Welcome to Take It or Leave It, an advice-ish podcast for parents brought to you by Grove Collaborative.
Take it or Leave it is brought to you by Grove Collaborative. Visit http://grove.co/takeit and grab your “Free” gift with order.
Thank you to Jewelsann Momma of 4
“I just found this podcast about 3 weeks ago! I have listened to all of them from the first season already. I can’t believe that every episode has stuff that I am going through or have gone through as a mom of 4 and in a relationship for 16 years. So, nice to hear I’m not alone with these subjects! Love you both!”
In Trending News – Hilary Duff used a coach to teach her baby to sleep. Should you?
After her 3-month-old daughter, Banks, struggled with sleep, Hilary Duff called in a professional: newborn care specialist Kimberly Von Slomski, founder of Sweet Dreams LA. This made me cringe a bit. Who has the money to hire a sleep coach for their child? Is this really a thing we need?
Waldburger has been working with partner Jill Spivack to help families and children with sleep issues for 20 years. They have worked with families both in person and across the United States and the globe, including countries as far away as India and Japan, by phone and Skype as well.
Because both she and her partner are licensed family therapists and approach sleep “learning,” as they call it, from a whole-family perspective with attention to child development, Waldburger says that they have never used the same plan twice when working with hundreds of families over the years. Instead, they tailor individual plans and strategies to each family’s needs and goals, with preserving the attachment between the parents and child their primary goal.
In a full sleep consultation, Waldburger has an initial meeting with the family in which she asks parents to walk her through a day and night in the life of their family hour by hour. Then, Waldburger collaborates with them to formulate a plan that will result in sleep success, usually in under a week for children under the age of 5. She follows up with phone calls and check-ins before and after each sleep session as needed to tweak the plan or answer questions.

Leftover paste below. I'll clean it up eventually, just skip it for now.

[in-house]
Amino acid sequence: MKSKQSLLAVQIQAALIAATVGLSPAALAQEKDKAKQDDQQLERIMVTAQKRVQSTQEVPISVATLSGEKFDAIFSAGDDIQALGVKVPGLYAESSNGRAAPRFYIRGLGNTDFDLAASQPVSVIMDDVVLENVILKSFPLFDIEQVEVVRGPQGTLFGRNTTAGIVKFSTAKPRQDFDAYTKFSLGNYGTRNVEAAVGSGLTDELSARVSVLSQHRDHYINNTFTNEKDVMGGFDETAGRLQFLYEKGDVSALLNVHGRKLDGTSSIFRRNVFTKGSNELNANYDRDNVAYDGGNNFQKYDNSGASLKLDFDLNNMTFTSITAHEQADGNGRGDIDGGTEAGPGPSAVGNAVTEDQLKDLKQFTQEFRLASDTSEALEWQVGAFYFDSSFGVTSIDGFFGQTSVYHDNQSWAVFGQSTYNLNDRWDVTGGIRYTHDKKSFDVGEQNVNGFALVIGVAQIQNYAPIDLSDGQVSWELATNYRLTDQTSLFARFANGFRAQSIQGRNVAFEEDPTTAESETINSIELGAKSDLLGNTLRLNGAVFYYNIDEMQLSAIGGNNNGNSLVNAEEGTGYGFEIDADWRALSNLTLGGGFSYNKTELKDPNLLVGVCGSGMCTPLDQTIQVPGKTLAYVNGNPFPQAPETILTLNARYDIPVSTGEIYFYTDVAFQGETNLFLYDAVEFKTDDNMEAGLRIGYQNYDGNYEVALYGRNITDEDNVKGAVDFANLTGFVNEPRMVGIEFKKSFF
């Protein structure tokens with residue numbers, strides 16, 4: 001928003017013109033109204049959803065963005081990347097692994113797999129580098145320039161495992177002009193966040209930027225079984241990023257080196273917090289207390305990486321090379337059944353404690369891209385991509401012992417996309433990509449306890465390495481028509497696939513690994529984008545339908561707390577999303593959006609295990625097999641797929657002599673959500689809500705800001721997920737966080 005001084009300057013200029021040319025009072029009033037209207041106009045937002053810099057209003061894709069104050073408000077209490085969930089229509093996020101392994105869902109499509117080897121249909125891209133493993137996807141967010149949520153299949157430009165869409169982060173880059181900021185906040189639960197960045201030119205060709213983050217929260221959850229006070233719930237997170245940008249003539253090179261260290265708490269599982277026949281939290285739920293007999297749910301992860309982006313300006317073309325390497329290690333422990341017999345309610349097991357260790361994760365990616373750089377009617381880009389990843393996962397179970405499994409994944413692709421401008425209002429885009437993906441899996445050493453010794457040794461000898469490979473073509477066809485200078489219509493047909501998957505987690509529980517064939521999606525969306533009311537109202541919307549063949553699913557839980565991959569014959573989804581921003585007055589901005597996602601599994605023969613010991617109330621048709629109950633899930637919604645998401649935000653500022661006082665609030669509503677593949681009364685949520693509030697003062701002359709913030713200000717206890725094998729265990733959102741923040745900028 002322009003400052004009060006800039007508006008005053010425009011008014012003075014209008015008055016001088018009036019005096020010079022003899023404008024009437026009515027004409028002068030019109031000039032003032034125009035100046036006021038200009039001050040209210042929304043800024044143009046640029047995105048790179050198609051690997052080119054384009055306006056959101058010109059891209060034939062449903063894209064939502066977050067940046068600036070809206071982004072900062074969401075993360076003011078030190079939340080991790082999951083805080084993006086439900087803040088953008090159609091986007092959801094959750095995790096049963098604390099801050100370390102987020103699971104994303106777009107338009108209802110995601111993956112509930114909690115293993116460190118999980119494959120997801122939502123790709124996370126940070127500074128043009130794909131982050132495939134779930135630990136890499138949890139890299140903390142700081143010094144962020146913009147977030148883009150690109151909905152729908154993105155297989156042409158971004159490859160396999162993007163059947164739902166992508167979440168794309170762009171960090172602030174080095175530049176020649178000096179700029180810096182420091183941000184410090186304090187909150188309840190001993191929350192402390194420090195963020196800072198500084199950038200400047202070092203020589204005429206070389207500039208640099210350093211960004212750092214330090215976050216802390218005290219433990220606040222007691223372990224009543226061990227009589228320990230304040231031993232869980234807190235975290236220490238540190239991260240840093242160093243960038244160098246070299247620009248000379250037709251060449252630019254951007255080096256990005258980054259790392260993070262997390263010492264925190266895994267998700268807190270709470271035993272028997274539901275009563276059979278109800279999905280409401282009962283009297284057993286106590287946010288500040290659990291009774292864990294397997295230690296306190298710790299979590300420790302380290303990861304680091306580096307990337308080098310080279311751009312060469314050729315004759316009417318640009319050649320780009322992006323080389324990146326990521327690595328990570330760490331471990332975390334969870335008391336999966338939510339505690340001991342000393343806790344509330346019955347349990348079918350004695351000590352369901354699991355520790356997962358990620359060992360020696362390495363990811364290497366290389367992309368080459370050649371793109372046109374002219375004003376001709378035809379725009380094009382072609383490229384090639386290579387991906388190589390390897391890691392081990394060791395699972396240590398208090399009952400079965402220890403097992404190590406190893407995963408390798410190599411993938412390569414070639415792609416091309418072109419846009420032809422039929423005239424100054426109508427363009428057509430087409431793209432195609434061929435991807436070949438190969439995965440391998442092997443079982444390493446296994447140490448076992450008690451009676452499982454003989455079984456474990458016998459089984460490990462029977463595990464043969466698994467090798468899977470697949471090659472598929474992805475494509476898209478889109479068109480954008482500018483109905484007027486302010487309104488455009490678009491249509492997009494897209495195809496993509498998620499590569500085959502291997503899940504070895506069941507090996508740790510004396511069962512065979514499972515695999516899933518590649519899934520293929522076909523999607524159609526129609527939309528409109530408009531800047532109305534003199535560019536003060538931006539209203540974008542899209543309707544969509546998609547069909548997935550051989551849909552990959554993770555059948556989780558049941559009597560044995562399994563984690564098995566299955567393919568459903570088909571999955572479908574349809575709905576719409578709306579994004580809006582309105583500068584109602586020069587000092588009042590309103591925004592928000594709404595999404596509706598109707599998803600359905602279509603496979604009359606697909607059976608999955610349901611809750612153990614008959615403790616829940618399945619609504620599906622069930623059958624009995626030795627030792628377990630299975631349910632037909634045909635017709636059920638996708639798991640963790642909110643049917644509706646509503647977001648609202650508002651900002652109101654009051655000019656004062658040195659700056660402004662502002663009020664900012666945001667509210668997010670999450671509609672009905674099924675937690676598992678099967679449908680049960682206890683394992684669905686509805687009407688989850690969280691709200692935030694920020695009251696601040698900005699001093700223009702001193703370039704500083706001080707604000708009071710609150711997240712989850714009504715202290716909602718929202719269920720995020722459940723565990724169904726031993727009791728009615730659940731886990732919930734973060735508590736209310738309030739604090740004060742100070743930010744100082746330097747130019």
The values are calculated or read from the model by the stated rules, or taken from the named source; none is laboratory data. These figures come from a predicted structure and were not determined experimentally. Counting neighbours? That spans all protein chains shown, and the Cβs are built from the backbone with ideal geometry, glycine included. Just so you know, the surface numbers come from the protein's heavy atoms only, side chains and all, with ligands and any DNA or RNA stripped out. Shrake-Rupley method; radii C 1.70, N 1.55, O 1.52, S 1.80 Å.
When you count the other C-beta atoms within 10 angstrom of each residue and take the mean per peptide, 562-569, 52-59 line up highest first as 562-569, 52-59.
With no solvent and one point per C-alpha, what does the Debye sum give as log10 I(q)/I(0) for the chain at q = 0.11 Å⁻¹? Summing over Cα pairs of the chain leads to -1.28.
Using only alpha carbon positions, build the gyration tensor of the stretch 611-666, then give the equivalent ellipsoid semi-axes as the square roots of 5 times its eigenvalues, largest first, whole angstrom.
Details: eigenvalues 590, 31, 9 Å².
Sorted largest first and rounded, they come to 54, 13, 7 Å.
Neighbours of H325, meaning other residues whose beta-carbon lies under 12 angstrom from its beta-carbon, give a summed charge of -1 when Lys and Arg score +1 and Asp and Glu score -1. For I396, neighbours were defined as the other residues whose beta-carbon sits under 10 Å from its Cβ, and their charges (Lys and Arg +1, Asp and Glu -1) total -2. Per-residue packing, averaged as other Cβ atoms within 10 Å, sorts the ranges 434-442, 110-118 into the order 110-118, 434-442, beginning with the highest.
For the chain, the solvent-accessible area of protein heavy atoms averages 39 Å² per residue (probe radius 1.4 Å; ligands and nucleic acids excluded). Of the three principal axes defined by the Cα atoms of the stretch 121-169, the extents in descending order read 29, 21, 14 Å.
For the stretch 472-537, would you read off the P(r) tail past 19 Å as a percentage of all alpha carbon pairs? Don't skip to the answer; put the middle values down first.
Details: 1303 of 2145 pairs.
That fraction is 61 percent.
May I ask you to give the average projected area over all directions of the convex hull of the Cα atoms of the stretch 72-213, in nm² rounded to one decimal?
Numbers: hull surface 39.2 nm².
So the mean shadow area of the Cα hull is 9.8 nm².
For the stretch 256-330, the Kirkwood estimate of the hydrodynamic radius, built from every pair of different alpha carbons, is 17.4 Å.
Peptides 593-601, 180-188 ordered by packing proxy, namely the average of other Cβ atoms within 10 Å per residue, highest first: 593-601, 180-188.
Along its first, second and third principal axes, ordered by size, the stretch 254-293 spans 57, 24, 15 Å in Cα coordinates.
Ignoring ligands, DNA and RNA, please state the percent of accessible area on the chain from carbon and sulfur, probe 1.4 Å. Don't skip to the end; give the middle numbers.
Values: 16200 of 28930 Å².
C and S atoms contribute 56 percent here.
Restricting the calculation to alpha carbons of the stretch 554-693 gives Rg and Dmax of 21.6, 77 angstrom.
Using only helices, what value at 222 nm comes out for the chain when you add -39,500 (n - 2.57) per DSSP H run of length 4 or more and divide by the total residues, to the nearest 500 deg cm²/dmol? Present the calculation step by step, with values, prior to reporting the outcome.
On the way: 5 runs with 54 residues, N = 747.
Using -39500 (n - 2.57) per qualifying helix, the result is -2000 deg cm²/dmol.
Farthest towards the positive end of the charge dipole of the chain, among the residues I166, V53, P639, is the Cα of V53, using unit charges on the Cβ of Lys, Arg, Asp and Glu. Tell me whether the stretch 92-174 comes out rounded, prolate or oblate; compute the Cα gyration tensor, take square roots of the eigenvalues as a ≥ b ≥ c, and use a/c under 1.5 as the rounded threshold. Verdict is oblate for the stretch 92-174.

When they started their company in Los Angeles, Waldburger and Spivack only knew of one other sleep coach who lived in Annapolis, Maryland. They decided on a pricing structure based on the amount of time they spend with families for the time-intensive service. There are sleep coaches or consultants all over the country now, but the field is not regulated and has no governing board, so the services and the backgrounds of those providing sleep coach services can vary widely along with prices.
Parenting Crap – The Puberty
Section Intro: Puberty happens, are you ready for it?
My oldest son is 13 next month and has been going through puberty for the past two years. We’ve had the talk, dealt with his tears and mood swings. However, a few weeks ago I realized that my just turned 10 yr old daughter, is also in the throes of puberty.
Share story of how I realized she was in fact going through puberty and talk about the talk we had and making the period bag for her back pack.
In Love and Marriage – Is Valentine’s Day a made-up holiday?
[Tiffany] Section Intro: Do you celebrate Valentine’s day with your loved one?
Have discussion about how I think it is a made-up holiday and why I dislike it and discuss that with Tiffany’s Point of view.
Valentine’s Day contributed about $19.6 billion in 2018 to the economy, according to the National Retail Federation. That’s more than the $18.2 billion spent in 2017 but slightly lower than the record $19.7 billion spent in 2016. It’s more than the $18.9 billion spent in 2015, the $18.6 billion spent in 2013, and the $17.4 billion spent in 2014.
Who’s Doing the Spending
More than half (55 percent) of the population celebrated Valentines’ Day in 2018. It’s up a bit from the 54 percent who celebrated in 2017. It’s fewer than the 63 percent who celebrated in 2007.
But celebrants spent more in 2018. They were expected to spend $143.56 per person compared to $136.57 in 2017. It’s a little less than the $146.84 each spent in 2016. But it’s more than the $142.31 spent in 2015, and the $133.91 spent in 2014.
Men spend nearly twice as much as women: $196.39 per guy versus $99.87 per gal.